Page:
How To Work Crochet Into Denim

Blossom Lady
Mar 26, 2022 12:02 AM
How To Work Crochet Into Denim

To crochet into denim, you just need to make holes in the fabric and crochet directly into it. First, you need to decide if you have thick or thin denim. If you think your material is sturdy enough to work in without fraying, then it's thick. If it feels a little floppy or has a lot of wear and frays easily, then it's thin. If it is thin, and you are sewing it, you would hem the edge of your fabric to prevent fraying. But since we crochet and like to keep things simple, all you need is an iron and some hemming tape, and then you can work just like you would with thick denim.

For the holes, you will need either a bradawl or a sharp knitting needle, or even a large embroidery needle that works well. You can also use a leather hole punch, which works just like a hole punch and allows you to easily work through cuffs and very thick material.

Crochet into denim
The spacing of the holes depends on the thickness of the yarn you are using and the size of the crochet hook. So it's always a good idea to make a small pattern and use it as a template. Here is how.

Step 1


Row 1: tr into 3rd ch from hook, tr into each ch to the end.

Step 2

Using a washable pen, make a mark on your material every 2 stitches using the crochet sample as a template.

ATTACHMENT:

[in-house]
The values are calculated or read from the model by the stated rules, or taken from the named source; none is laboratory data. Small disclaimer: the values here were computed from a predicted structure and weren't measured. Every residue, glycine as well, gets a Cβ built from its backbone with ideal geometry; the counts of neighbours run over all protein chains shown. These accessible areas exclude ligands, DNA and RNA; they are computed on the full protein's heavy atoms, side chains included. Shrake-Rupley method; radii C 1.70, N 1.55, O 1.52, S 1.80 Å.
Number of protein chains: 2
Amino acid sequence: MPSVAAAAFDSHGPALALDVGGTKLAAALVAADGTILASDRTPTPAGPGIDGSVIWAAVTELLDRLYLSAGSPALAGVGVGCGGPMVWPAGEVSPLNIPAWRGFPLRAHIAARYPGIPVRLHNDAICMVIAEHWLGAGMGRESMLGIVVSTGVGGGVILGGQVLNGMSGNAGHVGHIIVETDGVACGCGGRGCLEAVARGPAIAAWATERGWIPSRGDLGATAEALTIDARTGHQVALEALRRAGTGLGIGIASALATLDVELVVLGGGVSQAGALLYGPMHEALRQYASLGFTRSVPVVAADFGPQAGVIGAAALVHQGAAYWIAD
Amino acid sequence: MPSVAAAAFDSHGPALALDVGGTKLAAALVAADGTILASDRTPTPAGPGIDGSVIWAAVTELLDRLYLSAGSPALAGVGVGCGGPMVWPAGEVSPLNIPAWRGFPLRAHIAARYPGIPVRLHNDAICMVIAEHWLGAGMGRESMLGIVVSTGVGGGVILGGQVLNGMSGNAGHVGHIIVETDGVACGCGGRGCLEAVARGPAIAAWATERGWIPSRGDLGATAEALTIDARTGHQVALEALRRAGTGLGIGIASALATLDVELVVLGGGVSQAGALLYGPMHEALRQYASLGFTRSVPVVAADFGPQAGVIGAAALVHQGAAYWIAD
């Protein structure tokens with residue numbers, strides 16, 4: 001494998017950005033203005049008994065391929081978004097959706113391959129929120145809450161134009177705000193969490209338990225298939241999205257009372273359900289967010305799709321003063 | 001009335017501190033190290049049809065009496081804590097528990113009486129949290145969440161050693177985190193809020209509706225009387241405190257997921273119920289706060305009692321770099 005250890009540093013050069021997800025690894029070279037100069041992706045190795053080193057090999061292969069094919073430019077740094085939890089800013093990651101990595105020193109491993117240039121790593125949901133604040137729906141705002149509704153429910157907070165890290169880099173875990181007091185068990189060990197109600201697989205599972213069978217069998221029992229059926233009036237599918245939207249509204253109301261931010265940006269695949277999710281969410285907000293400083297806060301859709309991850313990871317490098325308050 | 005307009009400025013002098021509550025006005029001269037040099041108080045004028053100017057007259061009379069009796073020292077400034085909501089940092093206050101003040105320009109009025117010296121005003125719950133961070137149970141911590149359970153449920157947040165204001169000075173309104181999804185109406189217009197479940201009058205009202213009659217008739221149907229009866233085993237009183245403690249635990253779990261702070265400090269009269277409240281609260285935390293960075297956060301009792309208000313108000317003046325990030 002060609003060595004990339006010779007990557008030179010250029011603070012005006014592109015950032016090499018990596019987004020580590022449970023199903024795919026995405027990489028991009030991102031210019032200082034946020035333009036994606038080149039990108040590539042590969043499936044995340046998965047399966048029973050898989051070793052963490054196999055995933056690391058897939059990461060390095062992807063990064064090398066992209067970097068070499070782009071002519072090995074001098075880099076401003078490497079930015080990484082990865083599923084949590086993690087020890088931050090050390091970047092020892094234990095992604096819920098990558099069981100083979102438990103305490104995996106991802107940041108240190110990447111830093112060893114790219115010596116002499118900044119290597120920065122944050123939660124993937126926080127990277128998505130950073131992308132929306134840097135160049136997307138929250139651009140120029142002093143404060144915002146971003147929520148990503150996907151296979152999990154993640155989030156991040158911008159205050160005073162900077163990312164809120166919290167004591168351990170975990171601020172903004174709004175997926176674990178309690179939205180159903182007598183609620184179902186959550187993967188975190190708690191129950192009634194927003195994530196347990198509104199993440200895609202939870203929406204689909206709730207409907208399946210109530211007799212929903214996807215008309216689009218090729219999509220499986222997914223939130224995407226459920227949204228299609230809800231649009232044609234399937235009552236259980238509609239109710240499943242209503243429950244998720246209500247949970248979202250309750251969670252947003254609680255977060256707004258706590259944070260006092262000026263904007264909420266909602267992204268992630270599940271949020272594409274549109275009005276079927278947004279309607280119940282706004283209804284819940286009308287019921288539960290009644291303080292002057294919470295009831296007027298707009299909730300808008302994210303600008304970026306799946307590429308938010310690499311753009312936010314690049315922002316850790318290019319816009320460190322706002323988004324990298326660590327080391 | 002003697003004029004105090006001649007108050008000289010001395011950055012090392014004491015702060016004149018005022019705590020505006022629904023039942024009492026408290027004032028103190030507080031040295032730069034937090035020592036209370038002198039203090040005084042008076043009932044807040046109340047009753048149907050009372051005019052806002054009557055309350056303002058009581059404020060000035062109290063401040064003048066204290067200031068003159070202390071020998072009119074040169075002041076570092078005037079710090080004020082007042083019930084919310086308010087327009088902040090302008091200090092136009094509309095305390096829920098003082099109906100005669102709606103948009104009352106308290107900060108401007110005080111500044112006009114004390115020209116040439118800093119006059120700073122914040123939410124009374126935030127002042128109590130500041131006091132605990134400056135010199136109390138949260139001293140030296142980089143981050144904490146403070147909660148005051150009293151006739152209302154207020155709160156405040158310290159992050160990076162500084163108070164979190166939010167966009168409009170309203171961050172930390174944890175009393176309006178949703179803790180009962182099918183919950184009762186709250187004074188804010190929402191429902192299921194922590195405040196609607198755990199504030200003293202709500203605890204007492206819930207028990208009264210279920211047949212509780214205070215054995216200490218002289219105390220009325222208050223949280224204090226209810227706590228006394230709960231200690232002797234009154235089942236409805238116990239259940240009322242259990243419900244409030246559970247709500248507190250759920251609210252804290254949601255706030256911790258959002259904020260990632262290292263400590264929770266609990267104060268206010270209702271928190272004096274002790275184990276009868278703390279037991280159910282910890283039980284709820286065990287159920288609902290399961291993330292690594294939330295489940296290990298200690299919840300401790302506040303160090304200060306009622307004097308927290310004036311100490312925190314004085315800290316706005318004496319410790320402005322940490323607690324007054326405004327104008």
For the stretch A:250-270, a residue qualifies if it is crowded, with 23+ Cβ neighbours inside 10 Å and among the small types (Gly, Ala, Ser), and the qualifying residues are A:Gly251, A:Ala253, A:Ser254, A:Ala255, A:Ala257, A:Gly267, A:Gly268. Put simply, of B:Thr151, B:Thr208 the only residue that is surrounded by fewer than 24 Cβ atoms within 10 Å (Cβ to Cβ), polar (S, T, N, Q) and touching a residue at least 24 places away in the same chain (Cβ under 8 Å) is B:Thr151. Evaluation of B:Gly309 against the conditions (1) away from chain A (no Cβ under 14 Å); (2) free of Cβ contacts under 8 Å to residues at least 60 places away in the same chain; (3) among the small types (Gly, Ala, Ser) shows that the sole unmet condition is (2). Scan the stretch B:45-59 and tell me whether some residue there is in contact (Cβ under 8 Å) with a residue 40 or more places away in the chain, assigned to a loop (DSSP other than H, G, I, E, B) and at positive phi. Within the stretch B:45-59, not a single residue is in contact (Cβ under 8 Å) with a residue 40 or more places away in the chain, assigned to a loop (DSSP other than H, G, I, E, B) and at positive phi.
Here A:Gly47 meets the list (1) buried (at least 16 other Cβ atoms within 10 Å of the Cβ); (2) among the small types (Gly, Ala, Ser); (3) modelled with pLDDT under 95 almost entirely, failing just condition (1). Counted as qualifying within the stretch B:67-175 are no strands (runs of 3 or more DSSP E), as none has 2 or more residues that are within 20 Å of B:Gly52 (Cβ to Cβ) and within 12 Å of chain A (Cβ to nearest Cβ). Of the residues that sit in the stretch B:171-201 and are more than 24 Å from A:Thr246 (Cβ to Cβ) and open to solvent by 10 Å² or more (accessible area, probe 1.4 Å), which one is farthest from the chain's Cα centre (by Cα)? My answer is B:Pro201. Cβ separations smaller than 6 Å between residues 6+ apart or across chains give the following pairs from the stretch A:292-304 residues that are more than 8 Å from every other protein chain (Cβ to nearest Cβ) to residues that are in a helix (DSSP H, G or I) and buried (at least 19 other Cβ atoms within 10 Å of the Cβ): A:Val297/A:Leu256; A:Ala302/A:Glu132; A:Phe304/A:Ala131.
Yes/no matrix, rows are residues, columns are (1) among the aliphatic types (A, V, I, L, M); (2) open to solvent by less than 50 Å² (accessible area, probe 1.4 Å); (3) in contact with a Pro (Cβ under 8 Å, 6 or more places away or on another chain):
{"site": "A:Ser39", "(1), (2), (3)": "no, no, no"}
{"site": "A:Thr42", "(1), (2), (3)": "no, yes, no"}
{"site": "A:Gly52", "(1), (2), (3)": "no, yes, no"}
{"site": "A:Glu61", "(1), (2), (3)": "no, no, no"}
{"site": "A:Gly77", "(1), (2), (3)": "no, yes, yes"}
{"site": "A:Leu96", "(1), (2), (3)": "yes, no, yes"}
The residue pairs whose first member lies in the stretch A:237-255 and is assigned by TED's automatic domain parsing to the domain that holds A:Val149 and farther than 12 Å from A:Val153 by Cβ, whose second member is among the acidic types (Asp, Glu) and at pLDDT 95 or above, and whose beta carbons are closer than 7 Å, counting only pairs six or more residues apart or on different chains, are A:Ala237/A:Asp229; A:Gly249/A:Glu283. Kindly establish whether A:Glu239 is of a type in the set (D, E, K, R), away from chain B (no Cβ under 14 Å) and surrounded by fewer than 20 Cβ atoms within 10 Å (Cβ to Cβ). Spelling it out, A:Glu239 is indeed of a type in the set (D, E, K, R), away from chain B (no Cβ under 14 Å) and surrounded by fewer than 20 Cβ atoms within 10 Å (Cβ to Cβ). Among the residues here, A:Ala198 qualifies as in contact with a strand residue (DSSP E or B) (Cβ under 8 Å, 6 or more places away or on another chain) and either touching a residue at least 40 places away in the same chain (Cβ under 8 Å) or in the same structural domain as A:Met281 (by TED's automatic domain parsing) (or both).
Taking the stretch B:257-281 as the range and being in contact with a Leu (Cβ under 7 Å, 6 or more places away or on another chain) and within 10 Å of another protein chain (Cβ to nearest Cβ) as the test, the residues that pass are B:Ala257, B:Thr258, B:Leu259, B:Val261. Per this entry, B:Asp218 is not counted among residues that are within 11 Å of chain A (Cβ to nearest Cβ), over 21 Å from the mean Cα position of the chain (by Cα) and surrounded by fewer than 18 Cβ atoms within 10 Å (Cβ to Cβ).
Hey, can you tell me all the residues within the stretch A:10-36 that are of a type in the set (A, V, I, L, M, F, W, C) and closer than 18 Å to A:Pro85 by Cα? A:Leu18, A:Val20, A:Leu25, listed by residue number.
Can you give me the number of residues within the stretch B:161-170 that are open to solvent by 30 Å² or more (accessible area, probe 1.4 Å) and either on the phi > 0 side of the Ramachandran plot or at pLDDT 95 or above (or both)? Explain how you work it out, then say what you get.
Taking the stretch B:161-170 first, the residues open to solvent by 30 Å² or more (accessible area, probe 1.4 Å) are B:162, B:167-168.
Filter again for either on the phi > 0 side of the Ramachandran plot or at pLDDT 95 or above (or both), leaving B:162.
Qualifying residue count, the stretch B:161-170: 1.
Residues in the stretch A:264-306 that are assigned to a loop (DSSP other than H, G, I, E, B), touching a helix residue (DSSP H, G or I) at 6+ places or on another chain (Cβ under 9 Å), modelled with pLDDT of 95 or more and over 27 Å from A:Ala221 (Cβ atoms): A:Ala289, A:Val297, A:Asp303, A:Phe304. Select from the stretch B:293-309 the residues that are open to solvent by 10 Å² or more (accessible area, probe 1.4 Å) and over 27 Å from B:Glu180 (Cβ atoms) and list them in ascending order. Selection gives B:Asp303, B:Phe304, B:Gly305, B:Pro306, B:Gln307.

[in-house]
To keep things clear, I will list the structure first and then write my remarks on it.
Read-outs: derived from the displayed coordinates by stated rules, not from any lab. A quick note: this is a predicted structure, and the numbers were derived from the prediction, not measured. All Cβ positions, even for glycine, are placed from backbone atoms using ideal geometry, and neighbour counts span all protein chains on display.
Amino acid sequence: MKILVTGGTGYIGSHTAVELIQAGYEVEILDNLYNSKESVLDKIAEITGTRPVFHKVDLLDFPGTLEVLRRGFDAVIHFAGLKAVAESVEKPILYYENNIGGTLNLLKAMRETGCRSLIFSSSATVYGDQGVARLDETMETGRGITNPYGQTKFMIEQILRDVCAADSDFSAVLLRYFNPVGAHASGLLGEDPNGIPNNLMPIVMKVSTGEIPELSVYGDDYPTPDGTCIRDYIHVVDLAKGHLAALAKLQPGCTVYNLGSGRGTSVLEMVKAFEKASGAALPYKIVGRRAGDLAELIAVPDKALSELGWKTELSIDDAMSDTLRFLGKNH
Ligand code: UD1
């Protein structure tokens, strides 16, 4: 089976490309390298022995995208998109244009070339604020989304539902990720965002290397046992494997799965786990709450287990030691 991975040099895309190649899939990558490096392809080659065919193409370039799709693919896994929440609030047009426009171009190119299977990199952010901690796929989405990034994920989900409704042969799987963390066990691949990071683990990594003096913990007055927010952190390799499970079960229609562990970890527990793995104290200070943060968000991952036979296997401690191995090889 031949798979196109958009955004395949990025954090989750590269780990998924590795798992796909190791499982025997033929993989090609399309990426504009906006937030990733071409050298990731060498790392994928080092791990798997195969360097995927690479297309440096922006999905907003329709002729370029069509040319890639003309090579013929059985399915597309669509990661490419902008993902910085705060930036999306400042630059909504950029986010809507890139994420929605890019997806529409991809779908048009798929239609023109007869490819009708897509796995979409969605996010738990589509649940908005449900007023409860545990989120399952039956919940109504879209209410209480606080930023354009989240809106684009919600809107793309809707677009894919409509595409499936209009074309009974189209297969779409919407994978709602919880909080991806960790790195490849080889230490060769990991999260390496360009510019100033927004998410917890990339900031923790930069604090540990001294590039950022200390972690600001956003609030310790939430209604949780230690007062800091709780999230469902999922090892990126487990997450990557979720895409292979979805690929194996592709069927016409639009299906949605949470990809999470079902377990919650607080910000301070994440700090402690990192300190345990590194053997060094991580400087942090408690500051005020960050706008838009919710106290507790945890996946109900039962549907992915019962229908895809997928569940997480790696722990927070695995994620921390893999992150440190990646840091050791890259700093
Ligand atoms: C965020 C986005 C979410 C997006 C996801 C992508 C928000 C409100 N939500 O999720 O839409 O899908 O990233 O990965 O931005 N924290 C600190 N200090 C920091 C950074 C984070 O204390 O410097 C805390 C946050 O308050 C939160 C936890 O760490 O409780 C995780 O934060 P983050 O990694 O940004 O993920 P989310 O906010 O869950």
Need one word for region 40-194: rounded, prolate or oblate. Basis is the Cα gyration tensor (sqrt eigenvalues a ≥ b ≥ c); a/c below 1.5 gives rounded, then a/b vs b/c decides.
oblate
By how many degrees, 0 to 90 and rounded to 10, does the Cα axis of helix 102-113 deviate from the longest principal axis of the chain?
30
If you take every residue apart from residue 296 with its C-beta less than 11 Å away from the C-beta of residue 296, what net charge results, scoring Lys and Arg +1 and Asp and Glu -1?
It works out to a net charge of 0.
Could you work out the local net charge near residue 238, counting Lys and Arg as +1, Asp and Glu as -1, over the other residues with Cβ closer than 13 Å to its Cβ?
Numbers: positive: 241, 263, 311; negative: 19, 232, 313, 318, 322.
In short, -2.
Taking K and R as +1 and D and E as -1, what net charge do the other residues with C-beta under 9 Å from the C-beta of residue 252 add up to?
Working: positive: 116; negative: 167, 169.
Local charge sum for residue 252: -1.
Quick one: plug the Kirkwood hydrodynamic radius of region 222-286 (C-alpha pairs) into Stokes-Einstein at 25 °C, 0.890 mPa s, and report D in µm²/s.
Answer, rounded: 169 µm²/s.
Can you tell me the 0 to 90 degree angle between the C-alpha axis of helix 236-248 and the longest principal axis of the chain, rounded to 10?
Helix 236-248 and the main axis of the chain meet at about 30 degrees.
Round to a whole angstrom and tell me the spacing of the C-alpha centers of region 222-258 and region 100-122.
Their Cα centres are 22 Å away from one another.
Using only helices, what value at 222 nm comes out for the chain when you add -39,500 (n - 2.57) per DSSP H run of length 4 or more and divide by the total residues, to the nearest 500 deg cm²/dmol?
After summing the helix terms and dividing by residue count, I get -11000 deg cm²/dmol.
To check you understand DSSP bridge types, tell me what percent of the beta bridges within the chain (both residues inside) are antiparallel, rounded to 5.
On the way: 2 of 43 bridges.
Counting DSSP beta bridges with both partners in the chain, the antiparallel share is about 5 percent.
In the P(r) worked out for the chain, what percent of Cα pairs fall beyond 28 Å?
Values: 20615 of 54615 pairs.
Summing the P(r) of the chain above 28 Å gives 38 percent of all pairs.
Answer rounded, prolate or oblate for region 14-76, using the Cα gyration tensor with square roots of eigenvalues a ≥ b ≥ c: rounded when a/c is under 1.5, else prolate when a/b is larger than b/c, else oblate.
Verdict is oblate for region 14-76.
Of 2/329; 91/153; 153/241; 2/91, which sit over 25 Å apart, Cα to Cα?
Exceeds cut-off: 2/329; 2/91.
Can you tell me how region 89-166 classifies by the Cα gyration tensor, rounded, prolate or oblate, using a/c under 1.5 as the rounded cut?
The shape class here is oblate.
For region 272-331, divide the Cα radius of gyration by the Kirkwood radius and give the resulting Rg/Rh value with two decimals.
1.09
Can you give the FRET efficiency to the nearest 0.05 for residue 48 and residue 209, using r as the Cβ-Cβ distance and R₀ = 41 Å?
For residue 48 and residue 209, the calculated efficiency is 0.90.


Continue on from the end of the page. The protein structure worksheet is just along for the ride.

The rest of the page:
Step 3

Make holes in the fabric using whatever tool you have to hand. I really recommend investing in a leather punch; mine has come in so handy.

Step 4

You can use a knitting needle or a bradawl to make the holes bigger if required.

Step 5

Insert your crochet hook into the first hole, draw up a loop and work 2 chain stitches (these are not counted as a st).

Step 6

Work 2dc in each hole. Continue to crochet, using the holes as your stitches. The illustration shows working 2dc in each hole, as the distance taken from the template was 2 stitches apart.

If you wanted to do this with thin denim, first fold over the cut edge, hem with tape by following the instructions on the tape you have and then follow the above technique.

You can take a much more cavalier approach, by making some holes and seeing how many stitches fit nicely between each hole. This usually takes a bit longer and can involve ripping back an hour’s worth of crochet but we have all the time in the world, so who cares? Happy crocheting!

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